The Covid-19 Shutdown Continues

  • by
covid-19 shutdown should we close for tobacco?

Gavin Newsome extended California’s Covid-19 shutdown but why? is it a plandemic?

As the Covid-19 shutdown continues, there is a lot to learn from the data. Don’t worry, this isn’t a class on statistics, but rather one on perspective. One of the things that I would hear a lot when I was younger and trying to make things go my way was “selective viewing”. I was subconsciously shifting my perspective to fit what I wanted to see.

In 2006 as the housing market was tanking, I observed that there were nicer cars and more construction going on. A local real estate broker noted that I was “selective viewing”. I was changing my perspective to match what I want. My mom got her Ph.D. for proving that we all do it, and anyone can skew data.

At the end of the day my doctor buddies tell me the only number that matters is the “all cause mortality rate” which the CDC has pulled from the records for 2018, 2019 and 2020. It looks to me like someone wants to change our perspective.

So lets put some things in perspective about Covid-19

Tobacco related deaths in the past 12 months 480,000 ( data)
Covid -19 related deaths in the past 12 months 374,391 (Worldometers data)

Covid-19 deaths world wide past 12 months 1,910,616 (Worldometers)
Tuberculosis deaths world wide past 12 months 1,800,000 (cdc estimate)

I could go on, but the point is we don’t shut the world economy down until we kill the tobacco industry or end TB did we? Sars-1 is just as contagious and worse than Sars-2 (aka Covid-19). H1N1 was the boogie man in the middle. Both are still out there, and I haven’t been vaccinated for either. Have you?

There is more to the Covid-19 story, and the media simply isn’t doing it’s job as investigative journalists. Instead they are becoming the mouthpiece of those that are trying to change our perspective. Like the Pappy O’Daniels character in O’Brother where art thou, those in power have learned the power of the media. Somehow we let them get control of if.

Behind the scenes of the plate spinners

Now I am not saying that everything going on behind the scenes is all bad either. I have said for years that we need to find a way to get people to stop commuting for two hours each way in California. We should stay closer to home and get to know our neighbors. You don’t need a Ring camera and an app to talk trash about your neighbors. You can go outside and hang out with them.

California passed a bill to ban the sale of new petroleum powered cars in 2035. This coming from a state with huge oil reserves and massive taxes collected on that oil. At the #RWTH I am, this one I can live with. But would he have tried it at any other time? Let’s face it. Since the 1930’s American’s have been sold on the idea that the car represents freedom. The power of the media.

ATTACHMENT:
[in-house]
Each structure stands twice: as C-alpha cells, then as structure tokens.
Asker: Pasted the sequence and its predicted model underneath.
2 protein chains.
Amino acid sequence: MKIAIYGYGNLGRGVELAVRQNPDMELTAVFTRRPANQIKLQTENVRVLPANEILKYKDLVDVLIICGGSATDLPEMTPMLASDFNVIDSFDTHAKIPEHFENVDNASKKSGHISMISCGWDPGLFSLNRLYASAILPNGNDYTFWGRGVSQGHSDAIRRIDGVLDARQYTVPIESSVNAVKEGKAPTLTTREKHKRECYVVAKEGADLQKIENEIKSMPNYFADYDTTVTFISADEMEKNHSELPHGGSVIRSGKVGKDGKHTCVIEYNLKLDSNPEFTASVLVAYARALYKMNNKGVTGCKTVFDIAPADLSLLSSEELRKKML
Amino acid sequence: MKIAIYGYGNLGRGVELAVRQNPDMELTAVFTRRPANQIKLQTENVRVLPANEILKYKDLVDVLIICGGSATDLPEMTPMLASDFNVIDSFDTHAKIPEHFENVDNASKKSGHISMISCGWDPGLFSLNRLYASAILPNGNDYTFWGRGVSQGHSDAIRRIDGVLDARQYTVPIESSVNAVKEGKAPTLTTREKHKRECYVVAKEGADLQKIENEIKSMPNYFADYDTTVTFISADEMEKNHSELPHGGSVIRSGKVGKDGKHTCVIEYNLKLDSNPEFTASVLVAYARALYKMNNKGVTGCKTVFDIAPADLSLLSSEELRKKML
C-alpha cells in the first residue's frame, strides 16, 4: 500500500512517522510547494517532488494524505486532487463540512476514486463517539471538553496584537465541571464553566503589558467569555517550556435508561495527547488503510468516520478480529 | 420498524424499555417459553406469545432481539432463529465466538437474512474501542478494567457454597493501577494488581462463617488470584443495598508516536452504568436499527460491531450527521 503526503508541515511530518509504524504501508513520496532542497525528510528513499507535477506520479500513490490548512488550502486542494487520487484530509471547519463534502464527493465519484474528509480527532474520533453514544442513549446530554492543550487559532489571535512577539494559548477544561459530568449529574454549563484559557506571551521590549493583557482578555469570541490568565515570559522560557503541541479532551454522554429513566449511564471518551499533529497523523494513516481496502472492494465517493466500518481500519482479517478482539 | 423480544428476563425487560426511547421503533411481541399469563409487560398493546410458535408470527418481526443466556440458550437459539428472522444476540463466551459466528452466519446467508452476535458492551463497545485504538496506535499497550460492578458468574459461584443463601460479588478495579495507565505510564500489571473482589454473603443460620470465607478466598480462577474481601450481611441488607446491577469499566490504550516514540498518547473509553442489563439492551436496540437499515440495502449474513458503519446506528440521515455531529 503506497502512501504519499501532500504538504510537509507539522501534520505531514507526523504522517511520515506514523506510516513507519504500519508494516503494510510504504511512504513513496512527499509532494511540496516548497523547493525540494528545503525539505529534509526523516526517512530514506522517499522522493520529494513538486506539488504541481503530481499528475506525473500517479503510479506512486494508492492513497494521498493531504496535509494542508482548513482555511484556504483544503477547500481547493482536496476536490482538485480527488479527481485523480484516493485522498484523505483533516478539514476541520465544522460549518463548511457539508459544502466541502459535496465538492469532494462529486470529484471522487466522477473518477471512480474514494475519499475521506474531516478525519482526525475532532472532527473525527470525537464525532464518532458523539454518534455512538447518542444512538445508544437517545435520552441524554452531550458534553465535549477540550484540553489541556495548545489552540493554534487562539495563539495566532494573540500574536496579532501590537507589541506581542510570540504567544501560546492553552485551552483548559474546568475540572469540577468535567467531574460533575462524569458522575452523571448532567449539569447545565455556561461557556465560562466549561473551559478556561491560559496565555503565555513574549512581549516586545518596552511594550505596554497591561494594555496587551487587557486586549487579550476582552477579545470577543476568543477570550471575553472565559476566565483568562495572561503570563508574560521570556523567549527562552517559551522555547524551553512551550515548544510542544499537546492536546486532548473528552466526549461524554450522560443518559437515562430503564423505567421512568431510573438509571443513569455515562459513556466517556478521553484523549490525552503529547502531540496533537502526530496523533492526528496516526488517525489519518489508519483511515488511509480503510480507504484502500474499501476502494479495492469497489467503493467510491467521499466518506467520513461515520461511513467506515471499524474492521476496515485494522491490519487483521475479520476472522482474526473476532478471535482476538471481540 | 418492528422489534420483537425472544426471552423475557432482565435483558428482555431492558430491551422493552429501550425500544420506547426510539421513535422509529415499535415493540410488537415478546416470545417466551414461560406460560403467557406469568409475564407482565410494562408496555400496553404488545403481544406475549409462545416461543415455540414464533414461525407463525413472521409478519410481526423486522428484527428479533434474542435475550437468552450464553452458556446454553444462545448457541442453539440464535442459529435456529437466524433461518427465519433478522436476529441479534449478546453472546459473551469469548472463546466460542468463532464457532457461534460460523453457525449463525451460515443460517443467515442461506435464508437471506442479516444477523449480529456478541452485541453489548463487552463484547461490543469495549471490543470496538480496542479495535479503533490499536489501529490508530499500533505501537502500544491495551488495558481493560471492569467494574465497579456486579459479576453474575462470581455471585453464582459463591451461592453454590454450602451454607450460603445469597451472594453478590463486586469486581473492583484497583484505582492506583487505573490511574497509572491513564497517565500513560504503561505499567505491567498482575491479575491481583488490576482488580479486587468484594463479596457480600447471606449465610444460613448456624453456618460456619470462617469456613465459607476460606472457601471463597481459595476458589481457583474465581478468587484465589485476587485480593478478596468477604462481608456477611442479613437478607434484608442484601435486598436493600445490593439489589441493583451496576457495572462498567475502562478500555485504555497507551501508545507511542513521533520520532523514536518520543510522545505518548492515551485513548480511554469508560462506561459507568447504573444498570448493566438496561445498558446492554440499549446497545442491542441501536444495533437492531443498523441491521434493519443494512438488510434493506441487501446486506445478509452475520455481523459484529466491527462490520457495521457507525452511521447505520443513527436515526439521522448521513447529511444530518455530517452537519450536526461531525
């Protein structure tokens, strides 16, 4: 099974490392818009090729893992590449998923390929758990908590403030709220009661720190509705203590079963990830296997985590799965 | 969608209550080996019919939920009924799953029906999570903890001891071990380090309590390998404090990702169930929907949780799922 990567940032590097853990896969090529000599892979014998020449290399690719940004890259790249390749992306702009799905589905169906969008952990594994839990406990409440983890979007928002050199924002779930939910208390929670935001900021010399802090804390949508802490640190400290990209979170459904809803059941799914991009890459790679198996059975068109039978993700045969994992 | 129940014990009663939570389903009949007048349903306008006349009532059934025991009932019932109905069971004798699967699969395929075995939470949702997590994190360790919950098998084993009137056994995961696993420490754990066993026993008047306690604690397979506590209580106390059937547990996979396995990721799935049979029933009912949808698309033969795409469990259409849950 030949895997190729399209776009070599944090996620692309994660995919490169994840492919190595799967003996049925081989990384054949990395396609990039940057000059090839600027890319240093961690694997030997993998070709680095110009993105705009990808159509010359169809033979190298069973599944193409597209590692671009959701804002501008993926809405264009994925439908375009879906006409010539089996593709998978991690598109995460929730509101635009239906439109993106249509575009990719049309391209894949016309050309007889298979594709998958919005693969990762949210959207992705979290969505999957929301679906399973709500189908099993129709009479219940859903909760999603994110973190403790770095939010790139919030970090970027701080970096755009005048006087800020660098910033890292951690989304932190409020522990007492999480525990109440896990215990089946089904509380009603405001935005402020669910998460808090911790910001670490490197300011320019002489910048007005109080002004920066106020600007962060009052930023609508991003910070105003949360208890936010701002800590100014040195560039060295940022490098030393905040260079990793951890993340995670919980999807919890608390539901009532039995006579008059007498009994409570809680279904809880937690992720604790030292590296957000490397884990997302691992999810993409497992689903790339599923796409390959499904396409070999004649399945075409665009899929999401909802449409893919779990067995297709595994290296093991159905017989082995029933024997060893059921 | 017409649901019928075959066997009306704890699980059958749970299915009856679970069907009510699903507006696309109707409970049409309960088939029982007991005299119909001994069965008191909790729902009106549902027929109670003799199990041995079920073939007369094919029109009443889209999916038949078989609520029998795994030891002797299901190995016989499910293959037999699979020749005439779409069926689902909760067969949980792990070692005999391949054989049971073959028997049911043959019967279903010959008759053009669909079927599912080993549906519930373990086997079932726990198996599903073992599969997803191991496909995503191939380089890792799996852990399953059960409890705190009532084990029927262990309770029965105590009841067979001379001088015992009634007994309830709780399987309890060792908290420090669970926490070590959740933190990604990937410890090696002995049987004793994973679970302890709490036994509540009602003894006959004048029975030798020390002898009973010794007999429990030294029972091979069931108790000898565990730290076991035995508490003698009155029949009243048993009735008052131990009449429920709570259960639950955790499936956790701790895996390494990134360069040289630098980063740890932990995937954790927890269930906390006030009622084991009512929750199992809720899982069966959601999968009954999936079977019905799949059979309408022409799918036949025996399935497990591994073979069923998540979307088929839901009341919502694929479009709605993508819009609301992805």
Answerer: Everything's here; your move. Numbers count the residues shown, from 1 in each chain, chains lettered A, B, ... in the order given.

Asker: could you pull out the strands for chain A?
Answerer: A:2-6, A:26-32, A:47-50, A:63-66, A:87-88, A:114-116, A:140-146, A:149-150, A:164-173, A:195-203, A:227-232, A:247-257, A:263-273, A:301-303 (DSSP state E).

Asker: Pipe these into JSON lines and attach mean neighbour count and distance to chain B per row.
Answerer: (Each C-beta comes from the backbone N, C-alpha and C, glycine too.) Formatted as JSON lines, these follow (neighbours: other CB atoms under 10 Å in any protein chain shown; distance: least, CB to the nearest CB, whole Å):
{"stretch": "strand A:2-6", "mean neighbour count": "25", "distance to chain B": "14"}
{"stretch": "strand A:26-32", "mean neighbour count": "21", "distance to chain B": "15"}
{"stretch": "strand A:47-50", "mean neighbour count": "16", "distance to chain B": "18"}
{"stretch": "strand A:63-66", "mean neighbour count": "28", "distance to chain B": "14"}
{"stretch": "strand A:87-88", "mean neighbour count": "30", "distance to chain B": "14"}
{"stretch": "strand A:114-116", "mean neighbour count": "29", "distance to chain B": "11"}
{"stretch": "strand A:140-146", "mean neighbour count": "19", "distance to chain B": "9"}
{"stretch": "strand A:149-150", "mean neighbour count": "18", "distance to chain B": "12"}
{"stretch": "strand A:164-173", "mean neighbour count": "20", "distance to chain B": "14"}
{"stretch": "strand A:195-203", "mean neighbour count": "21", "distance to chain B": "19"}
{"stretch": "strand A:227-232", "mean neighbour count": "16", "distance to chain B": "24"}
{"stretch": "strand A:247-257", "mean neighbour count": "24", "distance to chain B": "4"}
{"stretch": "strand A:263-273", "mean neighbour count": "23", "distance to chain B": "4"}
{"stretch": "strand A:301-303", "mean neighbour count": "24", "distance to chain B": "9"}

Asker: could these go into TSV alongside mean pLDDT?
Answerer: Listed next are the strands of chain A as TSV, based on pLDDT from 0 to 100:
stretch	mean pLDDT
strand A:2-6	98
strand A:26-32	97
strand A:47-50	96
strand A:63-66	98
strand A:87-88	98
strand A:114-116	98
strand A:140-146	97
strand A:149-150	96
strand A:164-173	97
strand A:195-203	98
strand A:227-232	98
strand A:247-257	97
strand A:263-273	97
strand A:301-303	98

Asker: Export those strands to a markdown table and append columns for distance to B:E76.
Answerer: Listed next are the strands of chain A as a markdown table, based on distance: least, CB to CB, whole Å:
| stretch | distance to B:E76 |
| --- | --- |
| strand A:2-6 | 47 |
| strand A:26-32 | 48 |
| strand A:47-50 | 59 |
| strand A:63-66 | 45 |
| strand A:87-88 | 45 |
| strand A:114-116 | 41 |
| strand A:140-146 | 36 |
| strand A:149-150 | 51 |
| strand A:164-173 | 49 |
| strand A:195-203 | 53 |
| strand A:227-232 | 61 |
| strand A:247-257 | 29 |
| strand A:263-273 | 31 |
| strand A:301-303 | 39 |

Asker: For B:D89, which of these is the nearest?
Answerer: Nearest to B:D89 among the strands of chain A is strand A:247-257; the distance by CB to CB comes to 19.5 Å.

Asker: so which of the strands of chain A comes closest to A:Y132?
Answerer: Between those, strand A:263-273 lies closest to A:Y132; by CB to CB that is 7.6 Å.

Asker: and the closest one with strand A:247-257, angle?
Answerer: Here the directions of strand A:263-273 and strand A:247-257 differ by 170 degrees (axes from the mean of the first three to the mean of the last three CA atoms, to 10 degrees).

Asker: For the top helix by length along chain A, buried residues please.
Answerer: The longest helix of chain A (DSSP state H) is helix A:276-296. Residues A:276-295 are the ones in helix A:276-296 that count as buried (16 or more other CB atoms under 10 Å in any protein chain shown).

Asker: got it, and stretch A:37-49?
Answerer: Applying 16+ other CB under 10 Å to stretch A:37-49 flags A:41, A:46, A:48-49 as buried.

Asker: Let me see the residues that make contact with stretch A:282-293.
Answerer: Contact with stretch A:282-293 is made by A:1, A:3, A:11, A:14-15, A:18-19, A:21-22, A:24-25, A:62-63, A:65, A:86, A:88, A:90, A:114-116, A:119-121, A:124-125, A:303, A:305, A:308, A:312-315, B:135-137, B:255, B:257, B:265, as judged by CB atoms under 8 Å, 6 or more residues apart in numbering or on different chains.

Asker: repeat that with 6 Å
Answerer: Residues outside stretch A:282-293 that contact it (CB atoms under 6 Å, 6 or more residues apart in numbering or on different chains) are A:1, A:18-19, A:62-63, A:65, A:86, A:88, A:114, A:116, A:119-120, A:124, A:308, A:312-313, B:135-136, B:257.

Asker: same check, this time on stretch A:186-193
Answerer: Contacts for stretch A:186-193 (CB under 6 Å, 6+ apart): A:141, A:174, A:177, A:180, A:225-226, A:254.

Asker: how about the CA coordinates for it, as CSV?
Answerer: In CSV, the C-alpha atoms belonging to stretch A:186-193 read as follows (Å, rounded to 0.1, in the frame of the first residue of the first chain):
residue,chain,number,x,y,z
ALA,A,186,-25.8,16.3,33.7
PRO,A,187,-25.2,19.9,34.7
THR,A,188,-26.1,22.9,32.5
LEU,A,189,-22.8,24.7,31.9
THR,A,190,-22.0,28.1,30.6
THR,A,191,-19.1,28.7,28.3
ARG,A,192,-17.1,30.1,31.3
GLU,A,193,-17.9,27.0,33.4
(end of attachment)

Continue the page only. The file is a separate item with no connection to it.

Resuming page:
After spending a lot of time in France, I learned that knowing your village neighbors, riding the train into the city and walking around can be it’s own form of freedom. I didn’t once get road rage or get cut off by some idiot that decided to change lanes by swerving into my car, turning on the signal and then looking. Did SMOG (Signal-Mirror-Over The Shoulder-GO) fall off of the drivers test because it was too difficult to do while texting?

The Truth Is Not In The Headlines of the Covid-19 Shutdown

The last thing I would like you to notice if you start looking at the data for Covid-19 “cases” and deaths is this. Cases are on the rise because we are testing more, and it is flu season, but look at curves in other countries. When comparing death numbers in places that locked down like California, and then those that only slightly retracted like France, the data is interesting. France had a much higher rate early but never stretched the health care system.

California is in a very different situation right now. Because we “flattened” the curve with a Covid-19 shutdown early, it appears that more people are getting in now during the peak season. The daily death peaks in France were in February and October, about the same peaks. California’s first bump was much flatter, but the flu season spike looks like the superman ride at Six Flags with no end in sight.

The economic damage done is irreparable. Many small businesses in California have simply covered the windows and have opened up speak easy style. If the state wanted to see who they can control and what the breaking point is, I think they found it.

Was it worth it? Is it worth it? Did we flatten the curve or create a Black Friday style rush on hospitals that were no longer ready?

I’ll have to end now my wife wants a pedicure and her nail appointment is next to my favorite pancake shop. Our “appointments” are in 15 minutes.

Leave a Reply